Battling for MEAC title, NCCU feels the hate

Jan. 27, 2013 @ 10:26 PM

None of that chest bumping for N.C. Central’s Emanuel “Poobie” Chapman.

When he gets introduced before games as the Eagles’ starting point guard, he’ll run out like he’s going to collide with NCCU hype man Karamo Jawara before hitting the brakes in exchange for a little dance -- you might call it the Poobie Hustle.

That goes over just fine when NCCU is at home in McDougald-McLendon Gymnasium, but it’s the sort of thing that could come off like fingernails on a chalkboard when the Eagles are on the road.

NCCU coach LeVelle Moton said there’s little love for his team around the Mid-Eastern Athletic Conference as it is.

“We are the black Duke,” Moton said.

The Poobie Hustle doesn’t exactly engender warm fuzzies in hostile MEAC gyms, nor did NCCU guard Jeremy Ingram blaring his eyes and stretching open his mouth at A&T’s home crowd the way he did in December after knocking down shots in what turned into the Eagles’ first conference win of the season.

The Aggie-Eagle rivalry is bitter all by itself, and Ingram’s facial expressions certainly didn’t add any sugar to it.

“In the MEAC, we’re like the black Duke,” Moton said. “Every time we go somewhere else, we’re the hated team.

“Other schools look at North Carolina Central the way the ACC looks at Duke. We’ve got to be ready to embrace that challenge,” Moton said.

There’s plenty of basketball left in the season, but so far, pretty good for NCCU (12-7, 5-0 MEAC). The Eagles will look to stay undefeated in the MEAC when they host Morgan State (6-10, 3-2 MEAC) tonight (7:30 p.m., nccueaglepride.com).

NCCU is in second place in the MEAC, behind Norfolk State (12-10, 7-0), which won last season’s MEAC tournament to earn a trip to the NCAA tournament.

Norfolk State and NCCU are the only MEAC teams that are undefeated in the league.

Moton said the bad blood toward NCCU can be traced to the success NCCU had back in the 1950s when Sam Jones was there before a career with the Boston Celtics that landed him in the NBA’s hall of fame.

In 1972, NCCU won the MEAC football championship, and Moton said the guys on that team could tell all about how vilified that Eagles squad was.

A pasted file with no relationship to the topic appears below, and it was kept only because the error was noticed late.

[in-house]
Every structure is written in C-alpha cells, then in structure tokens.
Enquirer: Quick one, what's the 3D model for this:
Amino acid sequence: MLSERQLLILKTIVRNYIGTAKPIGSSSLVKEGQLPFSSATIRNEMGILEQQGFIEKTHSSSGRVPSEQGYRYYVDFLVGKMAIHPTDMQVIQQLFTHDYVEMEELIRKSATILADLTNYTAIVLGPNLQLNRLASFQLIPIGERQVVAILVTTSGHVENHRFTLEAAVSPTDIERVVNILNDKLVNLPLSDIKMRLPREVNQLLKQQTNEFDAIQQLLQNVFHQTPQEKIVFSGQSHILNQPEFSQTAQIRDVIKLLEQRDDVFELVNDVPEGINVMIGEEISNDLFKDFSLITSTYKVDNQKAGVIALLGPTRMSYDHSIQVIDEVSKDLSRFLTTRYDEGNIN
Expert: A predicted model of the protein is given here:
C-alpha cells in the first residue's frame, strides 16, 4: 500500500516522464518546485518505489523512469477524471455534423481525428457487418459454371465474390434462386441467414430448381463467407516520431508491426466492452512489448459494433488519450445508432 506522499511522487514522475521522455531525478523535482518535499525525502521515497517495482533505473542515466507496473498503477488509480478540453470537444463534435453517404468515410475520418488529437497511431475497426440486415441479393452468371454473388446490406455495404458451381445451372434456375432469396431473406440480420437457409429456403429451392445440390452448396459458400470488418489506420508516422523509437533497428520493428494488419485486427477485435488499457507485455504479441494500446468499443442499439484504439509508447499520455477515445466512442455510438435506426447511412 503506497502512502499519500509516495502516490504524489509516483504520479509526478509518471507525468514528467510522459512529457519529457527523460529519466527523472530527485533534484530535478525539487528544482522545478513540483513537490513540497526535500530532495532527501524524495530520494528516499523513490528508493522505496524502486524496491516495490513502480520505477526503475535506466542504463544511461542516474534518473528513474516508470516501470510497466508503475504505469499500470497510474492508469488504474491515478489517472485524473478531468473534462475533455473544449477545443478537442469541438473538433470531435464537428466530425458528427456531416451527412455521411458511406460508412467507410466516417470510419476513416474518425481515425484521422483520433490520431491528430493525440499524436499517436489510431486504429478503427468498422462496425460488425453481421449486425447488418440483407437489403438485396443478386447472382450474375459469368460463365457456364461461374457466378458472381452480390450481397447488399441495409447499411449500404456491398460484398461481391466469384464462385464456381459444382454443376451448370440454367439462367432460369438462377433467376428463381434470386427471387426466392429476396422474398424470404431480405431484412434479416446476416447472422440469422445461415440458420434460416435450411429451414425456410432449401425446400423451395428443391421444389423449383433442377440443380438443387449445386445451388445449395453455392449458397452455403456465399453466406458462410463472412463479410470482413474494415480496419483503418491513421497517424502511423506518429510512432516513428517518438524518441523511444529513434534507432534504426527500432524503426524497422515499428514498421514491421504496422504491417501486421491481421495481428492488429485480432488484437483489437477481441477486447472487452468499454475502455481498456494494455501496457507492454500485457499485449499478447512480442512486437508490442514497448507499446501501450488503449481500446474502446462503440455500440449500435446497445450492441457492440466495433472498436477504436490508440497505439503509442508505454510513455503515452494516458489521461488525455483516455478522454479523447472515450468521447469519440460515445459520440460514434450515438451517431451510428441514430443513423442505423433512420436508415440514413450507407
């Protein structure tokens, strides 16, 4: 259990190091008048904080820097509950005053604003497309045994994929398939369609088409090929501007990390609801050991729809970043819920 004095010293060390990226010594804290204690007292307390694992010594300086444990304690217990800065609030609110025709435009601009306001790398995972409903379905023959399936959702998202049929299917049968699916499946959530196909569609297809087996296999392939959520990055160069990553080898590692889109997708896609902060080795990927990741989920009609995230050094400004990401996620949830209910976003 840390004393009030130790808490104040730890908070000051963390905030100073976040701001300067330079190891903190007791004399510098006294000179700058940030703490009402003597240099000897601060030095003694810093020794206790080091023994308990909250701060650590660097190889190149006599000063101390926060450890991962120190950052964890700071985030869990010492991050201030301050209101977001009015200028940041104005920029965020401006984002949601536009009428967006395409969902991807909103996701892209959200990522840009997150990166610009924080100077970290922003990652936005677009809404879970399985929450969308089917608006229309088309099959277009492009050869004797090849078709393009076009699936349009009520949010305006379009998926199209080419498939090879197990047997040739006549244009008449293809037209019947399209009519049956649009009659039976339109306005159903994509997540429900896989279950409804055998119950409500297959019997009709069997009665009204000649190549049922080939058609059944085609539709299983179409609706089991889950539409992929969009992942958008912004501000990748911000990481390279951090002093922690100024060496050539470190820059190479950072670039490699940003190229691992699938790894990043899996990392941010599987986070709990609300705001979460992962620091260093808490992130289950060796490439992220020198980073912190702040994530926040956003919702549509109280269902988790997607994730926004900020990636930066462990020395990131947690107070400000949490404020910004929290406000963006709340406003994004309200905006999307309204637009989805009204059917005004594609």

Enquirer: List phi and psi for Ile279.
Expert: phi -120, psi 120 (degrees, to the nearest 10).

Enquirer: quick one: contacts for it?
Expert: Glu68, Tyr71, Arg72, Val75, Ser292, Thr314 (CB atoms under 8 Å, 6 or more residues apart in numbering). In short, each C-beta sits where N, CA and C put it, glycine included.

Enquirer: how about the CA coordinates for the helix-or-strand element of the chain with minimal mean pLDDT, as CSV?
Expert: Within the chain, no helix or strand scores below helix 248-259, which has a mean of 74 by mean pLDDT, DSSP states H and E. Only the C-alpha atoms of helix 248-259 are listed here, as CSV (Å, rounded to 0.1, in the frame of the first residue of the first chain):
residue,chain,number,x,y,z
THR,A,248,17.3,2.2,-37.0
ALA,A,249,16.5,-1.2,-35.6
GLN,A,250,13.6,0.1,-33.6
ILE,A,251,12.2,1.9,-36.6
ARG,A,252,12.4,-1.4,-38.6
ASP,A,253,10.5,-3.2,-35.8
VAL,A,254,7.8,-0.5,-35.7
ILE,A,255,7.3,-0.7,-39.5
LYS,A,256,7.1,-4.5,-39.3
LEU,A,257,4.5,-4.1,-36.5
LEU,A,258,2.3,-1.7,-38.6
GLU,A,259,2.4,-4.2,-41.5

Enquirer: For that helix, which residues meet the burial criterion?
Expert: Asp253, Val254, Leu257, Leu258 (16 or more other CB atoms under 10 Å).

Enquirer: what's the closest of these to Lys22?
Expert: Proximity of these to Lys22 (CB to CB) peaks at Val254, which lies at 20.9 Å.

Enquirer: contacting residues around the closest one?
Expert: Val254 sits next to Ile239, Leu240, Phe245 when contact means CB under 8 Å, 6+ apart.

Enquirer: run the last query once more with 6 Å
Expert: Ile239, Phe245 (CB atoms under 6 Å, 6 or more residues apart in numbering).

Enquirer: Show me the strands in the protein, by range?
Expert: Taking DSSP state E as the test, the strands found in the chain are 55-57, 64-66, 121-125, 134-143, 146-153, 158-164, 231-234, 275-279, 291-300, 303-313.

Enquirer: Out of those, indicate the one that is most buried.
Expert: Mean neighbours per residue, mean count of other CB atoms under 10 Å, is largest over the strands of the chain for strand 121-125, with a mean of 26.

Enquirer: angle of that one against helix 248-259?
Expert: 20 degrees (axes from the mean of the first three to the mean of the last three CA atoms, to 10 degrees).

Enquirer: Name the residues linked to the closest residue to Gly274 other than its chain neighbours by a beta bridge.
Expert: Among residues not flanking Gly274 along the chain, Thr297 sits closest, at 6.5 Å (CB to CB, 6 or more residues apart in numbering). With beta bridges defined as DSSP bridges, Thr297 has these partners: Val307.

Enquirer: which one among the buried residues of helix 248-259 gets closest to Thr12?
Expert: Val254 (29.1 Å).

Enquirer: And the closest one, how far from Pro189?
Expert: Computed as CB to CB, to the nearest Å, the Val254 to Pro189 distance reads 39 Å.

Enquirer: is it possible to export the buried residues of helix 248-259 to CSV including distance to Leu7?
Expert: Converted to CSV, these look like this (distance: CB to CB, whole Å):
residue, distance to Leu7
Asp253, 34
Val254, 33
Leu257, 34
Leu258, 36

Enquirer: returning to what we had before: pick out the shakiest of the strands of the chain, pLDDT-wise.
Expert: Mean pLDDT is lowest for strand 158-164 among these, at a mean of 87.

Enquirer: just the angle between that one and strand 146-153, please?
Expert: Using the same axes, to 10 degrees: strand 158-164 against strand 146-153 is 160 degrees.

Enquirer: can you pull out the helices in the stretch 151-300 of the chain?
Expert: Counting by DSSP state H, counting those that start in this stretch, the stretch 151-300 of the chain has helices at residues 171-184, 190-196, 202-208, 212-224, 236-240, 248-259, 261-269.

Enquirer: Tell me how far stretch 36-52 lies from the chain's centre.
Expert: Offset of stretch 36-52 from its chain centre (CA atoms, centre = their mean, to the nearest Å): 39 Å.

Moton said he remembers the hateful gyms he entered when he played basketball for NCCU.

“Our game was their Super Bowl,” Moton said. “Everyone just had a hate – a genuine hate and a genuine dislike – for North Carolina Central University.”

This is NCCU’s second season as a Division I program. The move up gives the Eagles a shot at playing in the NCAA tournament. The journey to get to Division I came with some severe beatings from better teams, and there were a whole lot of folks out there who loved everything about that, Moton said.

“People were happy that we were getting our head beat in because we chose to move into Division I,” Moton said.

But now NCCU is administering some beatings.

The hate hasn’t gone anywhere, Moton said.

“It’s almost like Central-A&T everywhere we go,” Moton said last week after NCCU handled Howard 71-36 in McDougald-McLendon. “We’re fortunate to get here and just breathe our type of oxygen and see familiar faces.”

If Moton is right about NCCU being the “black Duke,” then it’s a problem any coach should want, former Duke basketball coach Bucky Waters said.

“There’s a difference between being liked and being respected,” said Waters, who was coaching Duke in the early 1970s. “And you talk about being hated, that means you’re winning; that means you’re successful.”

Most folks used to be ho-hum about Duke basketball until 1959, Waters said. That’s when first-year Duke coach Vic Bubas went to New York and worked on Art Heyman, the highly prized prospect coming out of high school that year.

Bubas got his man, snagging Heyman “from the front porch” of North Carolina coach Frank McGuire, Waters said.

“And that started the incredible rivalry that we have today,” Waters said about Duke and UNC. “And that’s incredible only because both teams have been up there and stayed up there, and it’s been a marvelous display of endurance by both.”

Waters said Moton is a “very classy guy, and for all I know about him, he’s going places. But right now he’s got his hands full, and part of his problem is trying to generate interest in this area.”

Duke, UNC and N.C. State get most of the attention around here.

But there’s a stir in the Eagles’ nest.

“It’s a little different when you’ve got that bull’s-eye on your back,” Moton said. “As we win and progress and evolve, we’re starting to have that bull’s-eye on our back, and teams are going to come in and we’re going to get their best shot.”

That’s the price a program pays for playing winning basketball, Waters said.

“All coaches have the same number of practices, the same number of games, the same number of days on the road recruiting,” Waters said. “Everything is the same, except the fervor and the passion with which your team is held. Is it one of zeal and animosity? And all of that bodes because you are good; you are successful. If you’re mediocre, it’s not so much. All coaches strive to be in that top 25, have people shooting at you, have that bull’s-eye on your back, whatever cliché fits. That’s more preferable, but there’s a price to pay for that. You need to get tougher. Your family needs to get tougher in terms of dealing with the public. It’s all part of the business.”

 Moton gets that.

“Nobody hates you if you’ve never been successful,” Moton said. “Nobody hates a loser.”